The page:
“Take Five” by Ned Luberecki

Ned Luberecki
Take Five
4 stars (out of 5)

By Donald Teplyske

A year ago when Ned Luberecki left his long-term gig with Chris Jones & the Night Drivers, one questioned such a significant career move.

Chris Jones & the Night Drivers responded with another terrific album Made to Move, a release that reveals no hint that the group stumbled with Luberecki’s departure. Luberecki immediately signed on with Becky Buller, and while the current line-up of her group hasn’t yet released a recording, reports of their live presence have been positive.

Now Luberecki releases Take Five, his first solo release in a number of years. With a significant jazzgrass interlude mid-set, the album is not strictly a bluegrass recording—but there’s no shortage of bluegrass spread across its 44 minutes, and by interjecting various elements—a tribute to Buck Owens, banjo and fiddle tunes, and jazz standards—Luberecki has created a banjo recording of significance, one of the most listenable banjo albums in recent memory.

Appropriately, the album kicks off with the spirited “Night Driver,” a lively instrumental featuring his compadres Chris Jones & the Night Drivers as well as fiddler Jeremy Garrett, who has also has spent time amongst the Night Drivers.

Another highlight is “Adams County Breakdown,” from Tom Adams, featuring the impressive supergroup of Rob Ickes (Dobro), and the Helen Highwater Stringband—aka Missy Raines (bass), David Grier (guitar), Mike Compton (mandolin), and Shad Cobb (fiddle.) This crew, minus Ickes, also delivers the “B-Flat Medley” of “Done Gone” and “New Camptown Races,” with Luberecki’s 5-string finding the sweet spot among his influences. Cobb’s fiddle on this number is especially enjoyable, while Grier’s break is naturally flawless.

Additionally, a small handful of vocal tracks are included. The album’s most appealing number is a new one written by Dale Ann Bradley and Kelley Luberecki. Revisiting her familiar theme of mountain roots, Bradley delivers a typically excellent performance on “Higher Ground,” with Buller joining on harmony while the Night Drivers and Garrett provide the instrumentation.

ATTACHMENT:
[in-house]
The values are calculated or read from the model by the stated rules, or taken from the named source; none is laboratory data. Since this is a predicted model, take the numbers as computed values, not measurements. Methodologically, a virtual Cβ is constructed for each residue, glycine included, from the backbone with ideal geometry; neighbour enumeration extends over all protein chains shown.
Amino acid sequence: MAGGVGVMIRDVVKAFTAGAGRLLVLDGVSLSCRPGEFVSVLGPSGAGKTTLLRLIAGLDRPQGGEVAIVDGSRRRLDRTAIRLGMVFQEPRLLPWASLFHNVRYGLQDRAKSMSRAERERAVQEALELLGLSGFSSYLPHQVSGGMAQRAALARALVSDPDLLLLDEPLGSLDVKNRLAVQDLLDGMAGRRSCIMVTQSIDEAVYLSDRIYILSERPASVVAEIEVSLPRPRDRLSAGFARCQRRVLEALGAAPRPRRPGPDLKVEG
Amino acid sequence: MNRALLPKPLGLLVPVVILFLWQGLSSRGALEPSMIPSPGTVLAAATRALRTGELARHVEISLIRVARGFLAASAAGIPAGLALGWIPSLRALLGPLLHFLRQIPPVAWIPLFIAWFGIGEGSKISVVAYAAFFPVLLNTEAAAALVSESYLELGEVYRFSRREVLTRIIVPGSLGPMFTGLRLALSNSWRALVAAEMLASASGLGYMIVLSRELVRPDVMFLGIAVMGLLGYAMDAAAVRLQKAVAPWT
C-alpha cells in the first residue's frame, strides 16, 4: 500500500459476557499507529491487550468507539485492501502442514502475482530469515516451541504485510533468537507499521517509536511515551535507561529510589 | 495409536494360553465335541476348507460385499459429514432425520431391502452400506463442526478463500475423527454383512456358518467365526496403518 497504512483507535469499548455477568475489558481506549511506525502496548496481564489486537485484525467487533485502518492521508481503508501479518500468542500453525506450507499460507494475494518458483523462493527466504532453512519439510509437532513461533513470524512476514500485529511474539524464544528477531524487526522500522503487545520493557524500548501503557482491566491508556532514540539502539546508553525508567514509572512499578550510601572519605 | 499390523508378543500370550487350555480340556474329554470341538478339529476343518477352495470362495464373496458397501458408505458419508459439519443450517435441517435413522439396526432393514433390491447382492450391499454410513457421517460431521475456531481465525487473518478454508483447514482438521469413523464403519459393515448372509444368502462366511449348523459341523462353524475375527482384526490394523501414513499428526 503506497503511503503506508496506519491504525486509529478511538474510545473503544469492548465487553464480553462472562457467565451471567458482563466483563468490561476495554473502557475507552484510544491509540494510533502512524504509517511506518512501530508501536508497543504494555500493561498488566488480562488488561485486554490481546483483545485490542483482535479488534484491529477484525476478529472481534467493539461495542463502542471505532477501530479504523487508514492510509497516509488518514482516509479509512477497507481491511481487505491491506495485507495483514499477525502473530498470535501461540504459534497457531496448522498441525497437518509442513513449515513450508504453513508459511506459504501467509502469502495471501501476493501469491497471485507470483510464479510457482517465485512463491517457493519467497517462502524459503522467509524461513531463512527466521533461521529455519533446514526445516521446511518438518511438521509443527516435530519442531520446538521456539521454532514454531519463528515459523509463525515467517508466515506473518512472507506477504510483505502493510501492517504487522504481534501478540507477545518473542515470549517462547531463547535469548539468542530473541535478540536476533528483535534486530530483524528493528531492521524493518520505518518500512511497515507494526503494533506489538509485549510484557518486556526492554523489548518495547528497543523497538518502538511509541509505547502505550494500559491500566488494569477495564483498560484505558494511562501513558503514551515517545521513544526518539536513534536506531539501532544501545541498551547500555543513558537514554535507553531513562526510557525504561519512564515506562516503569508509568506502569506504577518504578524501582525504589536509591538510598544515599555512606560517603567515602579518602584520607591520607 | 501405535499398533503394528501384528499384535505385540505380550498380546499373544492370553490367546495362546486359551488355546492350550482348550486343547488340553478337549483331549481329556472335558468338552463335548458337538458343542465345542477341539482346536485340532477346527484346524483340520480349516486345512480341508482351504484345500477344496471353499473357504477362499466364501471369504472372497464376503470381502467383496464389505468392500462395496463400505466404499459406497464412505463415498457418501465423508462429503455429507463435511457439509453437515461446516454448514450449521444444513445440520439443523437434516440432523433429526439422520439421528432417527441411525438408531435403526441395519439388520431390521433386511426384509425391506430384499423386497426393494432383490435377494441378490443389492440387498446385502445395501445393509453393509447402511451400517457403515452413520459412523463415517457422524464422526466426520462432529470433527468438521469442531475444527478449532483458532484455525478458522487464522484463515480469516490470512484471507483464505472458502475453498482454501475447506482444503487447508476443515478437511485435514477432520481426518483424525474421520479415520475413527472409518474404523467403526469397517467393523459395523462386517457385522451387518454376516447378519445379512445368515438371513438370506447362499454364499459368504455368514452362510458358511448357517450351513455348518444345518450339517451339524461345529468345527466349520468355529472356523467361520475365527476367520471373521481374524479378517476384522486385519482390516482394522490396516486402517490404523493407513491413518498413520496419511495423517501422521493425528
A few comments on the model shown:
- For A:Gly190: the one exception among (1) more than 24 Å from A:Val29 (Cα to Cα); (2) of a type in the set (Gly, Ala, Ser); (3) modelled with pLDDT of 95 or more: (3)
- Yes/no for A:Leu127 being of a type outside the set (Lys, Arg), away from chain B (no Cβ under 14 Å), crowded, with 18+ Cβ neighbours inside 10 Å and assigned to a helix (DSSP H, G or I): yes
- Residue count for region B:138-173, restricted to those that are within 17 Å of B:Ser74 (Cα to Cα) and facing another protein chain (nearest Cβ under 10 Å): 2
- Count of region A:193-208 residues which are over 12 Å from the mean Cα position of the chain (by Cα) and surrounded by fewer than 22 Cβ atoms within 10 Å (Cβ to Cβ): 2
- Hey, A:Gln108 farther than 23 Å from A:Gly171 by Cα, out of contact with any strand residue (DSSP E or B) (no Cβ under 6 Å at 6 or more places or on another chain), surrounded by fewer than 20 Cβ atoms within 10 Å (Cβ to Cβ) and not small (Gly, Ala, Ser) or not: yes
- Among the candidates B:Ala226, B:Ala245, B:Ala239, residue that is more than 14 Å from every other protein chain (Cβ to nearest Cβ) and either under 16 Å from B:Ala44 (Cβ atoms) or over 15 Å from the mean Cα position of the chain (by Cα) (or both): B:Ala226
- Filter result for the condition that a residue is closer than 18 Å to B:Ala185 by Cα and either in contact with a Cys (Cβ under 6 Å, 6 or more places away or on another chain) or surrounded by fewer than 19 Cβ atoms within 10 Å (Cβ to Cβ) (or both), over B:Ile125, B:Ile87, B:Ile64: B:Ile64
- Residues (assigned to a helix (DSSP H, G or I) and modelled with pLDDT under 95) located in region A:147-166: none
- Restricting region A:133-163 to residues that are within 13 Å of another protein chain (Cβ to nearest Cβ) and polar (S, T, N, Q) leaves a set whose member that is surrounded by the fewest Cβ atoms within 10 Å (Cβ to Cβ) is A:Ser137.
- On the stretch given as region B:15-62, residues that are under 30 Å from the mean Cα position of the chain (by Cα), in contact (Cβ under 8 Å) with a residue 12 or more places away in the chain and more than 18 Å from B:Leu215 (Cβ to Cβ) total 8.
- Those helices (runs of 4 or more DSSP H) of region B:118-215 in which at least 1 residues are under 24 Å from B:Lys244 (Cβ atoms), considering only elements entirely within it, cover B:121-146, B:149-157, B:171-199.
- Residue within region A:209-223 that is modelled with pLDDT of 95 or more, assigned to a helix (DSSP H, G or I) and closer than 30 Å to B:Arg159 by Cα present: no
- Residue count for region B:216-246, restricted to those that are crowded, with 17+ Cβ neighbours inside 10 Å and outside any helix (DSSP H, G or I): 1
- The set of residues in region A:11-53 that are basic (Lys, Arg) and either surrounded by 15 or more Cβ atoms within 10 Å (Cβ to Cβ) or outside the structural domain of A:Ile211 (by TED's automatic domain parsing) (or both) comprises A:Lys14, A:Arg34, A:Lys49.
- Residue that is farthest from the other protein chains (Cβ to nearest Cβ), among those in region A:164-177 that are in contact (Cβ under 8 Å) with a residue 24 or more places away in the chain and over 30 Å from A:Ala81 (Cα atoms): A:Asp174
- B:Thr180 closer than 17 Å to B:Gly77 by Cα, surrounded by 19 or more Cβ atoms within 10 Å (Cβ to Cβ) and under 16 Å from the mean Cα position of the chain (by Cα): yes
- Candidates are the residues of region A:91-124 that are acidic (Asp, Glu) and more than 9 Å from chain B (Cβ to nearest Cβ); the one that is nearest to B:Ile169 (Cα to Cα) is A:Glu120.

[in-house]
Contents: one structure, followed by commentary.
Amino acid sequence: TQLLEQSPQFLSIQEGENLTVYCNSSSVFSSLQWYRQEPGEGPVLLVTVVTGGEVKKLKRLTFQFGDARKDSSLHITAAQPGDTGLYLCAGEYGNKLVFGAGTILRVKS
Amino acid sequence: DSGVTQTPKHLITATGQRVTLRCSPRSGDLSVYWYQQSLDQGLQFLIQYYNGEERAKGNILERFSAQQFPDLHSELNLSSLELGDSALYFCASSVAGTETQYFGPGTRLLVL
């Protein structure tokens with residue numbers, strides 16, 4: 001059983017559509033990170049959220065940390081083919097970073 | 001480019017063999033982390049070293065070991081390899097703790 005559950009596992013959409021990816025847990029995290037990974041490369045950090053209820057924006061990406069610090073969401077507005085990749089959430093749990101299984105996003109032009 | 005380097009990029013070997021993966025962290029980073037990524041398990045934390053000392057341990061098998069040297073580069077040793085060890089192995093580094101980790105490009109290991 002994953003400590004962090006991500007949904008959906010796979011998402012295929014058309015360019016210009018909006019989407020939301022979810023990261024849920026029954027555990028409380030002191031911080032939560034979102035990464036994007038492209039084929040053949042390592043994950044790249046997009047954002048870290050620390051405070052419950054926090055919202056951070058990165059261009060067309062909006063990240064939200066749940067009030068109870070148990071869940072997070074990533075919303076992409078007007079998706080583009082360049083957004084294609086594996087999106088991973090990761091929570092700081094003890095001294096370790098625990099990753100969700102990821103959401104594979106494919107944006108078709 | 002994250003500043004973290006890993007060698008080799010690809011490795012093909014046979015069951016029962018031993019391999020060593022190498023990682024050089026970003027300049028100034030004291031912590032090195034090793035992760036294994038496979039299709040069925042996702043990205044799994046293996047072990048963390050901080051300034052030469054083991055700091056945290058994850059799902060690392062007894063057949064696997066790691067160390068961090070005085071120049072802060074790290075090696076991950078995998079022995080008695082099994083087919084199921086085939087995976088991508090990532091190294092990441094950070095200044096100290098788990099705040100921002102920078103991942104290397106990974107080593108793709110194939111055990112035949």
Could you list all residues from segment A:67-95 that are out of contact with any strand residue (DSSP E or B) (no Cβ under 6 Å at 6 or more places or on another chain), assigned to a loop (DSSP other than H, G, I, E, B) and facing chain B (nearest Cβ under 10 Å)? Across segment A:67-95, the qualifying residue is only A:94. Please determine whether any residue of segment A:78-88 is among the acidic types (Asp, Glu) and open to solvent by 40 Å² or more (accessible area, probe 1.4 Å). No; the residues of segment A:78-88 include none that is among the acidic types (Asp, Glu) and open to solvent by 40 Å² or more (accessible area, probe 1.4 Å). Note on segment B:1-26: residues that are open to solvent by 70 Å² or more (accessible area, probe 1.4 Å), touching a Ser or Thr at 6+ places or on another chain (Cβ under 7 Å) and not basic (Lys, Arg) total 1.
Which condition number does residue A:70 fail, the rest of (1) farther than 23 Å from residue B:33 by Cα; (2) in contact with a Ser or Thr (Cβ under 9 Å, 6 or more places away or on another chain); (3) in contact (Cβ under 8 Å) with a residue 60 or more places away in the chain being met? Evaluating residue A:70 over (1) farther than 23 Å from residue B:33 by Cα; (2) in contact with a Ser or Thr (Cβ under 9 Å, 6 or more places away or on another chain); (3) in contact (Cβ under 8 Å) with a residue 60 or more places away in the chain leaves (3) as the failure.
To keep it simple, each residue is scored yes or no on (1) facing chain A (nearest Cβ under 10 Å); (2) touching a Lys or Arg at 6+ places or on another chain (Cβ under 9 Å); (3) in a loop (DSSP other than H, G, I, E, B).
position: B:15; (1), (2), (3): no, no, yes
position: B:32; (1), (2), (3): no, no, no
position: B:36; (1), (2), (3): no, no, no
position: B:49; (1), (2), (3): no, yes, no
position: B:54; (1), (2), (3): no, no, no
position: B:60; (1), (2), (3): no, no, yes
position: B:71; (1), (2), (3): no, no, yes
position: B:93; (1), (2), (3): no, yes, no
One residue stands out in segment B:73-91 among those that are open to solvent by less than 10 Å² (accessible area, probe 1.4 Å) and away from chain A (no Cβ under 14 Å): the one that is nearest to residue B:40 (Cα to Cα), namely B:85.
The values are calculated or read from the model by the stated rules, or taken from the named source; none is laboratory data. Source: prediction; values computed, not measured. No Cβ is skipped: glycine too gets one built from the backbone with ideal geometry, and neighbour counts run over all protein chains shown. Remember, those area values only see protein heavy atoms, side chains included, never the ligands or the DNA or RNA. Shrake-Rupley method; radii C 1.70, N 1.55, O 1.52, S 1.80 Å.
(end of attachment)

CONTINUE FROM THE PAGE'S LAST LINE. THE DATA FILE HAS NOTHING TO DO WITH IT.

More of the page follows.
Amanda Smith returns with a fine lead on “We’ll Put Out the Fire” (a Jon Weisberger/Vida Wakeman co-write) while Luberecki and duet partner Stephen Mougin ably deliver an Owens medley of “Before You Go” and “Let the World Keep on Turnin’.”

Luberecki and Buller insert a pair of fiddle-banjo duets, “Kitchen Squirrel Medley” and the Celtic-flavored “Cleveland Park.” As a wee bonus, Buller sings “Fiddlin’ Dan” in the same configuration.

While jazz isn’t my thing, I do tend to enjoy it more when banjo meets up with Dave Brubeck. The title track kicks off a four-tune interlude that allows Luberecki, accompanied by Missy Raines & the New Hip, to stretch different muscles while avoiding low-hanging fruit. Paul Desmond’s “Take Five,” “Girl from Ipanema,” Luberecki’s “Earl’s Court,” and “Blue Monk” are not for the faint of heart, and Luberecki’s arrangements showcase not only his versatility, but creative juices some of us were previously unaware.

The only notable misstep occurs with Luberecki’s decision to provide voiceover to what is otherwise an intriguing interpretation of the Star Trek television theme.

From its stylized cover art through to its mix of originals, fresh songs, and seasoned covers, Take Five is a banjo album that should appeal to those who don’t mind a little something else mixed in with their bluegrass. Ned Luberecki and his many friends should be rightly proud of their creation.

Ned L